Dive Insight:

If confirmed, Waterhouse will be part of the Biden administration’s larger efforts to address climate change, manage PFAS and bolster environmental justice efforts. Waterhouse’s nomination hearing follows the confirmation of EPA Administrator Michael Regan in March. Regan also has a background in environmental justice work and recently created an EPA Council on PFAS.

Waterhouse has represented the EPA as a lawyer specializing in environmental justice cases, and he has a background in Superfund and Resource Conservation and Recovery Act programs. In the 1990s, he worked with state officials to obtain the country’s first approvals for Subtitle D landfills, which include MSW landfills.

During the hearing before the Senate Committee on Environment and Public Works, Waterhouse acknowledged that many communities have deep concerns about how per- and polyfluoroalkyl substances (PFAS) show up in water and land, and assured attendees that the EPA would “ensure that we’re following the science and following the law” when crafting PFAS-related rules or designations.

In a speech during a conference hosted by the Solid Waste Association of North America (SWANA) in June, Waterhouse called on landfill operators to do their part in mitigating greenhouse gas emissions, controlling PFAS and centering environmental justice efforts in the process. Absent EPA-led PFAS regulations or more local rules, some landfill operators feel they are in limbo over how to handle PFAS at their facilities in the future.

David Biderman, SWANA’s executive director, said he had not had an opportunity to review Waterhouse’s comments from the Wednesday confirmation hearing, but said the association was “looking forward to working closely” with him in the future. SWANA has invited him to speak again at another upcoming conference in November.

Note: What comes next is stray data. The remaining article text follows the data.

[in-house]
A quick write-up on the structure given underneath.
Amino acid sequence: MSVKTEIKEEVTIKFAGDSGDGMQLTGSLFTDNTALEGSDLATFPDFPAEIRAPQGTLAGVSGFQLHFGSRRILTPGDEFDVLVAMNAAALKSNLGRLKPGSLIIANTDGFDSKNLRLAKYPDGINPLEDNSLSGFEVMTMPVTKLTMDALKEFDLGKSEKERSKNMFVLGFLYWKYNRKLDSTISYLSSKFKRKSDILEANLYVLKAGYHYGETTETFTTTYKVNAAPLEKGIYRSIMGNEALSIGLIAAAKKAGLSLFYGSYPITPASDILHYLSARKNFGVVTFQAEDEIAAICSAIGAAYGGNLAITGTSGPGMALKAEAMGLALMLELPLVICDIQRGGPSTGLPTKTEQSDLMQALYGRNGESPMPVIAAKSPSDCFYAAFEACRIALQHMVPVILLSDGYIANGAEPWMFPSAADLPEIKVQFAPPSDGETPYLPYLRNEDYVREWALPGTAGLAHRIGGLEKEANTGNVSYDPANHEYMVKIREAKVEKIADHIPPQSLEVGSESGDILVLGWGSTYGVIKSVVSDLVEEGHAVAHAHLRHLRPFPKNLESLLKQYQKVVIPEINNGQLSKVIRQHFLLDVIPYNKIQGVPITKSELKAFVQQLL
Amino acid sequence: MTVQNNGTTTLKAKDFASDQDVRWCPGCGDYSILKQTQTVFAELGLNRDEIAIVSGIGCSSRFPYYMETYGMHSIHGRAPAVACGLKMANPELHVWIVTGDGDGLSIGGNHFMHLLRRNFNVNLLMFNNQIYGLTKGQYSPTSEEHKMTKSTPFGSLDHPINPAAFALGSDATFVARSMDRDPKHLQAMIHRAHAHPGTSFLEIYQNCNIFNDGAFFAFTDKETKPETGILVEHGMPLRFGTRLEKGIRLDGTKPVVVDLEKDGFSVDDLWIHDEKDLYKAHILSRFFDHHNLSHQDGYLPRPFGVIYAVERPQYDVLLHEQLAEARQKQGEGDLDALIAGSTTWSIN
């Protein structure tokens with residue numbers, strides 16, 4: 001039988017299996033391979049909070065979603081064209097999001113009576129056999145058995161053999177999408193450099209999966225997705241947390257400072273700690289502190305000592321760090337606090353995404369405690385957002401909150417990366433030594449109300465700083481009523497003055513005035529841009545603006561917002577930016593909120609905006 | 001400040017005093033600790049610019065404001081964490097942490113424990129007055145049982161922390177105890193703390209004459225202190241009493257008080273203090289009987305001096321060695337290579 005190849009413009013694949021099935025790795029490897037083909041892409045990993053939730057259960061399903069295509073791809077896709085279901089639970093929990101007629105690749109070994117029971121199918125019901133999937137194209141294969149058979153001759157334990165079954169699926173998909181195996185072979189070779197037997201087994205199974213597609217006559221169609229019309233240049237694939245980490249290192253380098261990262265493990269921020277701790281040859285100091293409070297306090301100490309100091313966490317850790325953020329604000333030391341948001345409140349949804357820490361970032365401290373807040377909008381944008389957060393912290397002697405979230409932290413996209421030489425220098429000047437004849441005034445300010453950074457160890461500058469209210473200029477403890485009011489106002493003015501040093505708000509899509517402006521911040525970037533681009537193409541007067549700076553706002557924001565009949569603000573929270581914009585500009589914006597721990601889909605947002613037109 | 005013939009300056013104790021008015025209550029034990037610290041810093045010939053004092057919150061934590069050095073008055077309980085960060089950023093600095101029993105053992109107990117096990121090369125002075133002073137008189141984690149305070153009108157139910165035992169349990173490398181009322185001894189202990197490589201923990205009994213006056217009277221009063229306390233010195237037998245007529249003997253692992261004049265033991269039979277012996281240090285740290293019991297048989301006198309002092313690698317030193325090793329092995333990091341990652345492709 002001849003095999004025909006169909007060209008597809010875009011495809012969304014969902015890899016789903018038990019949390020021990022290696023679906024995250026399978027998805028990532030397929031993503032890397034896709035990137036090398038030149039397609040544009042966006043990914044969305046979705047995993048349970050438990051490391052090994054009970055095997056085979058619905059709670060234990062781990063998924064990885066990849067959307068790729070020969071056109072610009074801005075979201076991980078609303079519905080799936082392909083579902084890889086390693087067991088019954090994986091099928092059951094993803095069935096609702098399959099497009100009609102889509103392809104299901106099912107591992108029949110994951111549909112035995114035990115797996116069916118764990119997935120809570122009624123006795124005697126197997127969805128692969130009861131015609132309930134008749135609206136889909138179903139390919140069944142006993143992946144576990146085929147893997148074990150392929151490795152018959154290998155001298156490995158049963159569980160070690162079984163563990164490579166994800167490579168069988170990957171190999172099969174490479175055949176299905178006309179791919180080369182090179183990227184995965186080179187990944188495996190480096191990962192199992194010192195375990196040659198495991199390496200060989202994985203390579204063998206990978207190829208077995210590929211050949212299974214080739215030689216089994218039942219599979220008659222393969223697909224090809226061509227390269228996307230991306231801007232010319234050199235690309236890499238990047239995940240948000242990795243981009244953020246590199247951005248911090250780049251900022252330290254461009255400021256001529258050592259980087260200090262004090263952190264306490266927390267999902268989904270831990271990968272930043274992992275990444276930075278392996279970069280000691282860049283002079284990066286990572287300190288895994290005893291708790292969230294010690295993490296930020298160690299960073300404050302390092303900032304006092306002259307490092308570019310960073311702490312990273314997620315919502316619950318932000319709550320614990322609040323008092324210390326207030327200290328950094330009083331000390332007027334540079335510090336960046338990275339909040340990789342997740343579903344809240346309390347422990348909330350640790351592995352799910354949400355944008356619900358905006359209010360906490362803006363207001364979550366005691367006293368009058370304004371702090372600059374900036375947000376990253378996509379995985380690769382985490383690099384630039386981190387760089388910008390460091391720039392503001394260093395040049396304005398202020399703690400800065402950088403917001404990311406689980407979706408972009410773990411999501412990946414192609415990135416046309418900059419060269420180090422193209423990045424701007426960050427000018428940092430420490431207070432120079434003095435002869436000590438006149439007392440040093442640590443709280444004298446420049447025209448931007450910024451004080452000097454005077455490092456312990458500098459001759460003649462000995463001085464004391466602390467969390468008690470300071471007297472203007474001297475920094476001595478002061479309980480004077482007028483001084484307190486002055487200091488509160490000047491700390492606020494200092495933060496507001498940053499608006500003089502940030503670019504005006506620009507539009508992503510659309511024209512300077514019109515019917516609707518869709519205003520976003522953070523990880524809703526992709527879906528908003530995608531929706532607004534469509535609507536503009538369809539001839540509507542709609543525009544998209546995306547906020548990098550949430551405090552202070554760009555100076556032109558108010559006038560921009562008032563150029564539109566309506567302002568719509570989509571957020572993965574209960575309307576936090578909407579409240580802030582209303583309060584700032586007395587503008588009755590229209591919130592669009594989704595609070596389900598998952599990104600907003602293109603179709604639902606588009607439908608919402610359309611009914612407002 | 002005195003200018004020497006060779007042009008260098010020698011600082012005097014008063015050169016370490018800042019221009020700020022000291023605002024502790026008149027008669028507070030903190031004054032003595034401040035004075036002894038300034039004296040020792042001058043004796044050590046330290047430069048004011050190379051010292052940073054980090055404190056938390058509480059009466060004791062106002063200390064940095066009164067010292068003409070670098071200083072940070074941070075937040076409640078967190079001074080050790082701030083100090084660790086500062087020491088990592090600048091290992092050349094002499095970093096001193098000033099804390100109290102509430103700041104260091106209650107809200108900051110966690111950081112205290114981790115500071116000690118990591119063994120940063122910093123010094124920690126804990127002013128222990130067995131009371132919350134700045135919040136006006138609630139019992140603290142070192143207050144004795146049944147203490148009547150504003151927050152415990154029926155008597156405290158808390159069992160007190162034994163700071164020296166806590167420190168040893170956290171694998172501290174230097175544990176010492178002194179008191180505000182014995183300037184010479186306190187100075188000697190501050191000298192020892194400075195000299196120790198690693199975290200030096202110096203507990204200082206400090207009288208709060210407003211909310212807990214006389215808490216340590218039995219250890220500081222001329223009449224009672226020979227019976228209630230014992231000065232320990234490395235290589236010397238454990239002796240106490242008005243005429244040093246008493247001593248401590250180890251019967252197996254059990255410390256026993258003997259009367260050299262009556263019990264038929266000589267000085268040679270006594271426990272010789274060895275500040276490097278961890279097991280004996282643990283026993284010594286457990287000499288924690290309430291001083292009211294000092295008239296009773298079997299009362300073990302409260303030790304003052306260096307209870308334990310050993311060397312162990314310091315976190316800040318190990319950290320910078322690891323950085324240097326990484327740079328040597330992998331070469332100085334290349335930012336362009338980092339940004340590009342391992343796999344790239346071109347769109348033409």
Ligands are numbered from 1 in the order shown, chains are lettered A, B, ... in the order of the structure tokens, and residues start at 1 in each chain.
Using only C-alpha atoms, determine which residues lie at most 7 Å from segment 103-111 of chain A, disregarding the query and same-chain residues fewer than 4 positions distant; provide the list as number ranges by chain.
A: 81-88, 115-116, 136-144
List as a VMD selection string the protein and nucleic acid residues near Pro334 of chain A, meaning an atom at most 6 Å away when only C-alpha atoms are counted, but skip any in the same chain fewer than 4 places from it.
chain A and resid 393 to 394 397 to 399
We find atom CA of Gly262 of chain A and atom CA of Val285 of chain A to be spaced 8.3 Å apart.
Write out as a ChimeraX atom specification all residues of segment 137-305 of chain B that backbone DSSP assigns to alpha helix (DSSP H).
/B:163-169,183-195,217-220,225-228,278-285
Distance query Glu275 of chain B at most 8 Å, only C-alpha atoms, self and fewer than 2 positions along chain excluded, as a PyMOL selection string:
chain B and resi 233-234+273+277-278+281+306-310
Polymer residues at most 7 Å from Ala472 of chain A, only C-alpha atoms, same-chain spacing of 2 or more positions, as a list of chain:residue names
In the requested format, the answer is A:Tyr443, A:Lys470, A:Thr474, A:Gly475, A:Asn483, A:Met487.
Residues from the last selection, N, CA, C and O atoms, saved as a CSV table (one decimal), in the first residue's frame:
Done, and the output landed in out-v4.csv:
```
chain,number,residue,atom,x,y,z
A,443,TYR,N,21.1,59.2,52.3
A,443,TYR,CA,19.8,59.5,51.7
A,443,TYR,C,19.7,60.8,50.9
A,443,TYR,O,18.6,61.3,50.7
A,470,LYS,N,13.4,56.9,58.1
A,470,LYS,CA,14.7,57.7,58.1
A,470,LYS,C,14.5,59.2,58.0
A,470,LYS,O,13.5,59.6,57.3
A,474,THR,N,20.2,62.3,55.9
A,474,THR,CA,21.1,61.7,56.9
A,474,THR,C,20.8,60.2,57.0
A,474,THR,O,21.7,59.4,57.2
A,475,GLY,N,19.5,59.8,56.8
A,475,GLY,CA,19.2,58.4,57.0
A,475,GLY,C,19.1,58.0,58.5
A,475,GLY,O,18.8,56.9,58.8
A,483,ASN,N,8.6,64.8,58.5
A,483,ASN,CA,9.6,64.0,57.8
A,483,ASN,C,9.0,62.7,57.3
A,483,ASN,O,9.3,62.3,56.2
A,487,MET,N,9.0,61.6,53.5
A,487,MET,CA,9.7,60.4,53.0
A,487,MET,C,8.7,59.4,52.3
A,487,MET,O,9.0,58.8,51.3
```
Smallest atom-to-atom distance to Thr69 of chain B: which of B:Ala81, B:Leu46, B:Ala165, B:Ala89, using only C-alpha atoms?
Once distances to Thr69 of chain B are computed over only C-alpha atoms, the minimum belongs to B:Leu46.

The National Waste & Recycling Association said in a statement that “we look forward to working with Mr. Waterhouse on issues of mutual interest.”

In the hearing, Waterhouse said personal experiences facing racism and discrimination shaped his motivations for working on environmental justice issues. He was inspired to enroll in Howard University’s law school to study civil rights and the environment “because of the Christian imperative that we will protect people in need and act as stewards of the world.”

Waterhouse is known for speaking openly about the disproportionate impact pollution has on Black residents, though some Republicans and conservative organizations have criticized his views on the issue, The Hill reported.

The EPA recently released a report outlining how people living in historically underserved communities, particularly people of color, have fewer resources to help them prepare for and recover from climate change-related extreme weather events such as flooding and air pollution.

Waterhouse also pointed to EPA efforts to work more closely with underserved communities on solid waste management programs, most recently the Wind River Reservation in Wyoming, which is home to the Eastern Shoshone and the Northern Arapaho tribes.

He also touted the EPA’s brownfields program meant to revitalize and redevelop contaminated sites, saying more resources could help get sites cleaned up “more quickly and efficiently… so that we can make sure that communities aren’t suffering environmental injustices from being overburdened with pollution.”

Longtime EPA official Barry Breen is currently serving as OLEM’s acting assistant administrator. Previous Senate-confirmed assistant administrators at OLEM include Peter Wright (a former Dow Chemical attorney who served under President Donald Trump) and Mathy Stanislaus (a former environmental attorney and chemical engineer working for nonprofit groups who served under President Barack Obama).